* Vestas to stop production at Hohhot plant, cut jobs

June 25, 2012 by  
Filed under Green Energy News

Mon Jun 25, 2012 9:59am EDT

* Vestas to stop production at Hohhot plant, cut jobs

* Sees low demand for small turbines

* Analysts say winning back investor confidence will take

* Shares near year low

(Adds details, background, quotes, share price)

By Mette Fraende

COPENHAGEN, June 25 (Reuters) – Vestas, the world’s
biggest wind turbine manufacturer, is closing a factory in
China with the loss of up to 350 jobs, it said on Monday, just
three days after scrapping plans for a factory in Britain as
demand slides.

Once a darling of investors, the renewable energy sector is
struggling in the global economic slowdown as support for wind
power and other renewable sources has been hit by government
spending cuts and a downgrading of growth prospects.

Earlier this month, Vestas’ Chief Executive Ditlev Engel
said the group had to get accustomed to no longer operating in a
growth industry. He is under intense pressure to deliver a
promised turnaround and restore investors’ confidence, which
analysts say will take time.

The Danish company said on Monday that the closure of its
Hohhot factory in China, which makes small kilowatt turbines,
would result in 300-350 job cuts and generate annual savings of
10 million euros ($12.54 million).

That leaves it with about 2,600 employees in China, spread
across two production bases in Tianjin and Xuzhou and two
offices in Beijing and Shanghai.

The closure follows an announcement on Friday to drop plans
to build a factory in Britain to make large turbines that would
have created 2,000 direct and indirect jobs.

Vestas said it had not received a single order for the
V164-7.0 megawatt turbine that was meant to be built at the UK

Its shares, which have collapsed from a historic high of
about 700 Danish crowns ($120) in 2008 before the global
financial crisis struck, were flat at 30.34 crowns at 1329 GMT.
They flirted with a year low of 29.03 crowns following the
announcement of the Chinese factory closure.


Vestas’ credibility has been hurt by two profit warnings in
just three months – at the end of October and in early January -
which led to a management overhaul, including the resignation of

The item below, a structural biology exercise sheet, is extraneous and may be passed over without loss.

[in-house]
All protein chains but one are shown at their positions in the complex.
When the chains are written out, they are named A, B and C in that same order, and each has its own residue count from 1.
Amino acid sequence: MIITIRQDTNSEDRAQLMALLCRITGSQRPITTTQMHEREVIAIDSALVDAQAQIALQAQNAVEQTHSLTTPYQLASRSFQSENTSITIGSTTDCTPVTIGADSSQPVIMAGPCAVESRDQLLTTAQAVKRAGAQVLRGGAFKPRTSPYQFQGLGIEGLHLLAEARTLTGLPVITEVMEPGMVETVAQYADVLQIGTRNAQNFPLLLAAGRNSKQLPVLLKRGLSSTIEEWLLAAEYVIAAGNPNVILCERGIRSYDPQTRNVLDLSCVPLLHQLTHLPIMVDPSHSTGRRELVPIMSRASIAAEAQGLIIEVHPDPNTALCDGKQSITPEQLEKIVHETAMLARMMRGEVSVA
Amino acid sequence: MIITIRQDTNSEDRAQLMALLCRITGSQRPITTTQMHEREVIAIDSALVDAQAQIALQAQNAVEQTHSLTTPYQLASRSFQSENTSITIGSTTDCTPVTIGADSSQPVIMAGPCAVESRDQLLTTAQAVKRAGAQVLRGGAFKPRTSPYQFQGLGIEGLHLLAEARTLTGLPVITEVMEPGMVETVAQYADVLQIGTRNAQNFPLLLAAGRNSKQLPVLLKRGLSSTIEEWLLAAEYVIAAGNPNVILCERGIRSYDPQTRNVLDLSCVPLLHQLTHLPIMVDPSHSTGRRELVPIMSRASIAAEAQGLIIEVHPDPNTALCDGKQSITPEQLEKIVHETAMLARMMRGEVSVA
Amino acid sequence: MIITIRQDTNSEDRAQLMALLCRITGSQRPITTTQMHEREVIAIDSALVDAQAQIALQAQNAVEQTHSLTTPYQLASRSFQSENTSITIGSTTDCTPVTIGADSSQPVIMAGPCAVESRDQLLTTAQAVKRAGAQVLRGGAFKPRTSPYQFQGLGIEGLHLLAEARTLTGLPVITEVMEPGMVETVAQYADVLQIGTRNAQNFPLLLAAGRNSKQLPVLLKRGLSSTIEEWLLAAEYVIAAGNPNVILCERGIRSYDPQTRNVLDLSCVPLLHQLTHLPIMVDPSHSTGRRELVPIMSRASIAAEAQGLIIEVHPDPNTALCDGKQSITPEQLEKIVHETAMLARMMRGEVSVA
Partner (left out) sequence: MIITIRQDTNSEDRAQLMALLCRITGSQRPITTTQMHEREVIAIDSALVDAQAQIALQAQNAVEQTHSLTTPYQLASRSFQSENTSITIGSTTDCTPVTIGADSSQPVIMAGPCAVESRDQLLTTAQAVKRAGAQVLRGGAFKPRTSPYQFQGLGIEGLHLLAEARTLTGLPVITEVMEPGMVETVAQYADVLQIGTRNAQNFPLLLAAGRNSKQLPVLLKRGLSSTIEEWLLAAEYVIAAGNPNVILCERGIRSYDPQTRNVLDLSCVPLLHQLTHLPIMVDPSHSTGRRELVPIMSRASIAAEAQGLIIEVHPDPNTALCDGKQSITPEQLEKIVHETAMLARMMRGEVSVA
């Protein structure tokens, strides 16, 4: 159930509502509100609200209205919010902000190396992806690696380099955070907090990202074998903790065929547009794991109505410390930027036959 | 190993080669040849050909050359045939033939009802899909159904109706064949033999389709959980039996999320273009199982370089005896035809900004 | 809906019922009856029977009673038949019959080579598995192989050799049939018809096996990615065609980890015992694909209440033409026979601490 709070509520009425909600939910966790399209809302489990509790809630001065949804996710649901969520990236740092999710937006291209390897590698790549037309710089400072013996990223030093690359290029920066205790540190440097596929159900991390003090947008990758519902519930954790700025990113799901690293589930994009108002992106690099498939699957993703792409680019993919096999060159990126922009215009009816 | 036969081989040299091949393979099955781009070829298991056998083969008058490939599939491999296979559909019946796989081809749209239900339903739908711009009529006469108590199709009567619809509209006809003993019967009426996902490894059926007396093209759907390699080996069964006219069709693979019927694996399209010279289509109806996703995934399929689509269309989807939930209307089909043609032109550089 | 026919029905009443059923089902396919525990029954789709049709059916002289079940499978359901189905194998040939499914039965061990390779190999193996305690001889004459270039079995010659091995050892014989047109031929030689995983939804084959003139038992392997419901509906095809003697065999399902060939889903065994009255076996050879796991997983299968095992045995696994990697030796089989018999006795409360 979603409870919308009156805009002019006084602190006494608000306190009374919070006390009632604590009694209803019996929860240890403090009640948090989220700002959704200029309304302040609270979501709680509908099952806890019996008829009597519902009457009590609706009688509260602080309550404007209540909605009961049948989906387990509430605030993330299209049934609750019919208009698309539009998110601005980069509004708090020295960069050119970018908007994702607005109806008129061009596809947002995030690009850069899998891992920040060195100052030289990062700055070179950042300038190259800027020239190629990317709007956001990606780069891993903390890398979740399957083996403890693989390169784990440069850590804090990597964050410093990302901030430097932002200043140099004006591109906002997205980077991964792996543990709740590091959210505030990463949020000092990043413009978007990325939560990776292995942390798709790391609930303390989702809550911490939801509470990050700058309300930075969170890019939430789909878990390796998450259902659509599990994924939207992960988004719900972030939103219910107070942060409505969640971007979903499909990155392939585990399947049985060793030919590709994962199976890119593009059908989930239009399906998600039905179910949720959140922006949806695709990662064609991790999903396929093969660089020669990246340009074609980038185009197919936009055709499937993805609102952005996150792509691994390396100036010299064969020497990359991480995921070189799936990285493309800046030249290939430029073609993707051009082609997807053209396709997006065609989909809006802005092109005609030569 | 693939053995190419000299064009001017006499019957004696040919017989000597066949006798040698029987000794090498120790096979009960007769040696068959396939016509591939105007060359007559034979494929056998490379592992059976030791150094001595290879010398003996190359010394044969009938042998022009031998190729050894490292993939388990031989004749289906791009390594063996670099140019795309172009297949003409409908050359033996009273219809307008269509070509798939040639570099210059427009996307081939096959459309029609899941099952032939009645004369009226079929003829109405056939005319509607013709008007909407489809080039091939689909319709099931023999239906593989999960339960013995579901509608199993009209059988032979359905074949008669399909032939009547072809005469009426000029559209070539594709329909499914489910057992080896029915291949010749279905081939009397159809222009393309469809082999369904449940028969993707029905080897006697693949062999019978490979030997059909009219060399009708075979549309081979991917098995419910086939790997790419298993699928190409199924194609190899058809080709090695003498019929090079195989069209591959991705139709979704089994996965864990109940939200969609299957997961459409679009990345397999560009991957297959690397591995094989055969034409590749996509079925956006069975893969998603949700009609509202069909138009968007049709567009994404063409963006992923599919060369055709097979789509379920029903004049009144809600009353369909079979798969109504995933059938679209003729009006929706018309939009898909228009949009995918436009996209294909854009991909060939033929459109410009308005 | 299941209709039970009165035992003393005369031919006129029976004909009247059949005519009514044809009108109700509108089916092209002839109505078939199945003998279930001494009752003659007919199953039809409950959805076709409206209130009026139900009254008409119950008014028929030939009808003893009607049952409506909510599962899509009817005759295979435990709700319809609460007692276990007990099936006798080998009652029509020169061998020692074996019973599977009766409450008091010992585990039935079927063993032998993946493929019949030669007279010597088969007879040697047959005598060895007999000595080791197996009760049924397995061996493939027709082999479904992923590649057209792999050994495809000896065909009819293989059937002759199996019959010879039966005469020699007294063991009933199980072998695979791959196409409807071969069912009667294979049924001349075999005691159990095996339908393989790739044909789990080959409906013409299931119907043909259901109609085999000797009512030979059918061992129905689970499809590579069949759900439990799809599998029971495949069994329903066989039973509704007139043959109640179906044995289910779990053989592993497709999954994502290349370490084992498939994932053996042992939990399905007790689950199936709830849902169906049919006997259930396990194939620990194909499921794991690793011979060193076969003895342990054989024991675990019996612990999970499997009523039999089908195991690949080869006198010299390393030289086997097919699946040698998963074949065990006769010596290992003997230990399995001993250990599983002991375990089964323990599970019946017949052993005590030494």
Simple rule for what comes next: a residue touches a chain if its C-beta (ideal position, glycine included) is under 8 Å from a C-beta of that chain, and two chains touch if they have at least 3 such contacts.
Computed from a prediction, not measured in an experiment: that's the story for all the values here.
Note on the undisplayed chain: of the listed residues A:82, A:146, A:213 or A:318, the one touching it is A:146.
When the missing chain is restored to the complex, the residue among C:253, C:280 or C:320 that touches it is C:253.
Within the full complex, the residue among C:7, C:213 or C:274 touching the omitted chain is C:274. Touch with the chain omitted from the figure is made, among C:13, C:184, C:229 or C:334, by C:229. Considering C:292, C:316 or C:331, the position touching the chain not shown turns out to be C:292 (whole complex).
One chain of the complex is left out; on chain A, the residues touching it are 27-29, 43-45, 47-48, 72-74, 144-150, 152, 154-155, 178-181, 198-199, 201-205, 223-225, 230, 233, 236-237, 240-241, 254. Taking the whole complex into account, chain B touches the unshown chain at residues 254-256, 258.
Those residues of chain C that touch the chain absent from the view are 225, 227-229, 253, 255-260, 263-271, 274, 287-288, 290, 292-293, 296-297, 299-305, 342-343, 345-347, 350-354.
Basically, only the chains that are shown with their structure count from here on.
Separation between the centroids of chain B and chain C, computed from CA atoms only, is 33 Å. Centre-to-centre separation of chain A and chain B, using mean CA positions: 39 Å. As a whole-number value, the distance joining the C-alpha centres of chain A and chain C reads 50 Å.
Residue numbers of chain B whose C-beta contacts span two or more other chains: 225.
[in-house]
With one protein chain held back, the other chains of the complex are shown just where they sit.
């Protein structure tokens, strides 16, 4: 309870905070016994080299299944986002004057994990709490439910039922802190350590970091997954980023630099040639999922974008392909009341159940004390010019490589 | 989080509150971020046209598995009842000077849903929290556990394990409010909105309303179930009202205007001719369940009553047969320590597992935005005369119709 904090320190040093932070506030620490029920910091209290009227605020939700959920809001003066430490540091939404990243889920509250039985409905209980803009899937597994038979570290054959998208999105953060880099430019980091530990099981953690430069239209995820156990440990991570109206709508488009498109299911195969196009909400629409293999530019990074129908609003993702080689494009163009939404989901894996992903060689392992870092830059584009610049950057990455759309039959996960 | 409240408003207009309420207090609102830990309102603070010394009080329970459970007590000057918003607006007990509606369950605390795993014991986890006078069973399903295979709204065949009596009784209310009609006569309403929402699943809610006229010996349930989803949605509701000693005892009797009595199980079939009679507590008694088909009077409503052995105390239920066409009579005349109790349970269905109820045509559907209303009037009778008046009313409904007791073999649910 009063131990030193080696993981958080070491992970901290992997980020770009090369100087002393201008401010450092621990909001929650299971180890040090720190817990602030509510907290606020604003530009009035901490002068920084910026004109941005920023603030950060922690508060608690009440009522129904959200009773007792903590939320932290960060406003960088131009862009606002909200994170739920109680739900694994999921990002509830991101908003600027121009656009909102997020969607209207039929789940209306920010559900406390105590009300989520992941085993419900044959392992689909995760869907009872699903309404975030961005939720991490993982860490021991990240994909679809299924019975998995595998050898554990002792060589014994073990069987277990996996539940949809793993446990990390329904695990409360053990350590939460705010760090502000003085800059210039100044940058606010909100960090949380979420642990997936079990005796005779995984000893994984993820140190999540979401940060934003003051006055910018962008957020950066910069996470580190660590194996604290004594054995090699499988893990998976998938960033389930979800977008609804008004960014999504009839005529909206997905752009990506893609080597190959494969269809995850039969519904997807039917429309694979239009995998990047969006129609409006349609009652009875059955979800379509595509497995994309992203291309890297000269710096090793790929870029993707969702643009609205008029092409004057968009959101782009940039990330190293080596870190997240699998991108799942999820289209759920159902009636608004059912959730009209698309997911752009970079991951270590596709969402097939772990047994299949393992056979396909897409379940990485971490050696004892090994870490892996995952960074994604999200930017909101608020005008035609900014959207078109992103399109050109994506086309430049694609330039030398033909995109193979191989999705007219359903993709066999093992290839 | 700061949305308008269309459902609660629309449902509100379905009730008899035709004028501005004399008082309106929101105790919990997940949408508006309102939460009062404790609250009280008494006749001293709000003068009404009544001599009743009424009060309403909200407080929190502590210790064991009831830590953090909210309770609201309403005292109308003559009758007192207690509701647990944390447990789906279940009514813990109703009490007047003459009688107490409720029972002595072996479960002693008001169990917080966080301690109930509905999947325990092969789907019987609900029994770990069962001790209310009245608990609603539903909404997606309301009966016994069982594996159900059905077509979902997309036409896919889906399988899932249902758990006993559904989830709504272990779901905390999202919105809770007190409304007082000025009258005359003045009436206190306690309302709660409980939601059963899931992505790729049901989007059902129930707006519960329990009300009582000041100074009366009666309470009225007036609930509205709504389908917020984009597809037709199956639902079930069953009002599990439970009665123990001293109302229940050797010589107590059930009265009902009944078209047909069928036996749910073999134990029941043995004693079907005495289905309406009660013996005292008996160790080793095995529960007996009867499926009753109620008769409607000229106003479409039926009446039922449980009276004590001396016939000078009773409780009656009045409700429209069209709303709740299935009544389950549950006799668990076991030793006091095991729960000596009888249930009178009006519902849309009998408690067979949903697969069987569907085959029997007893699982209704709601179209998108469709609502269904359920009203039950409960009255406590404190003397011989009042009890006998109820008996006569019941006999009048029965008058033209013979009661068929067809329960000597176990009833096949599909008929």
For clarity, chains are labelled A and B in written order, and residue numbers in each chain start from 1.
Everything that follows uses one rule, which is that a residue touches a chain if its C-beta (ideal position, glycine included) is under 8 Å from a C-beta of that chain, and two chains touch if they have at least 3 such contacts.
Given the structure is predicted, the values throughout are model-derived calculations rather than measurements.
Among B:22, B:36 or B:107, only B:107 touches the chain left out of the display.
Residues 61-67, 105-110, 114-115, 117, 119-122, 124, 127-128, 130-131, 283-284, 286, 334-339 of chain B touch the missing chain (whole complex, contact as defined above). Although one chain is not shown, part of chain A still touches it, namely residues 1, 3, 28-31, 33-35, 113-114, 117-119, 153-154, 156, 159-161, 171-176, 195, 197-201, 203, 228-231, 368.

its chief financial officer and a change of chairman.

The difficulties stemming from cost overruns also led the
company in January to announce 2,335 job cuts and to say it
could be forced to cut a further 1,600 U.S. jobs if a tax credit
is not renewed by the year end.

The company employed 22,576 people globally at the end of
the first quarter.

“In order for one to start really believing in Vestas again,
they have to prove that they can make money,” said Nykredit
analyst Klaus Kehl.

“It is all very well that they are still the global leader
within wind energy, but if that does not generate money, it does
not matter,” Kehl said.

He said that neither this year nor next year look any easier
for the group as revenue would continue to fall and saw no
reason to start buying the stock.

Last month, Vestas reported a larger-than-expected loss for
the first quarter due to delayed deliveries and rising costs,
piling pressure on Engel and sending its shares sliding as much
as 13 percent.

It stood by its 2012 guidance for a margin on earnings
before interest and tax (EBIT) to be in a range of 0-4 percent
but analysts said it now looked like the group was heading
towards nil earnings this year.

The expiry of a U.S. tax credit for renewable energy at the
end of the year is another cloud looming over Vestas’

Engel said earlier this month that the lapse of the U.S.
production tax credit (PTC) at the end of 2012 was likely to
lead to an 80 percent drop in the American wind turbine market
next year, which is in line with analysts’ views.

“There is an urgent need to reassess the end markets and
financial returns so the company achieves its cost of capital
across an economic cycle,” said Barclay’s analyst Rupesh

“This is likely to take time to demonstrate,” he said,
adding he believed the group would be able to achieve a
($1 = 0.7977 euros)
($1 = 5.9302 Danish crowns)

(Reporting by Mette Fraende; Editing by Erica Billingham)

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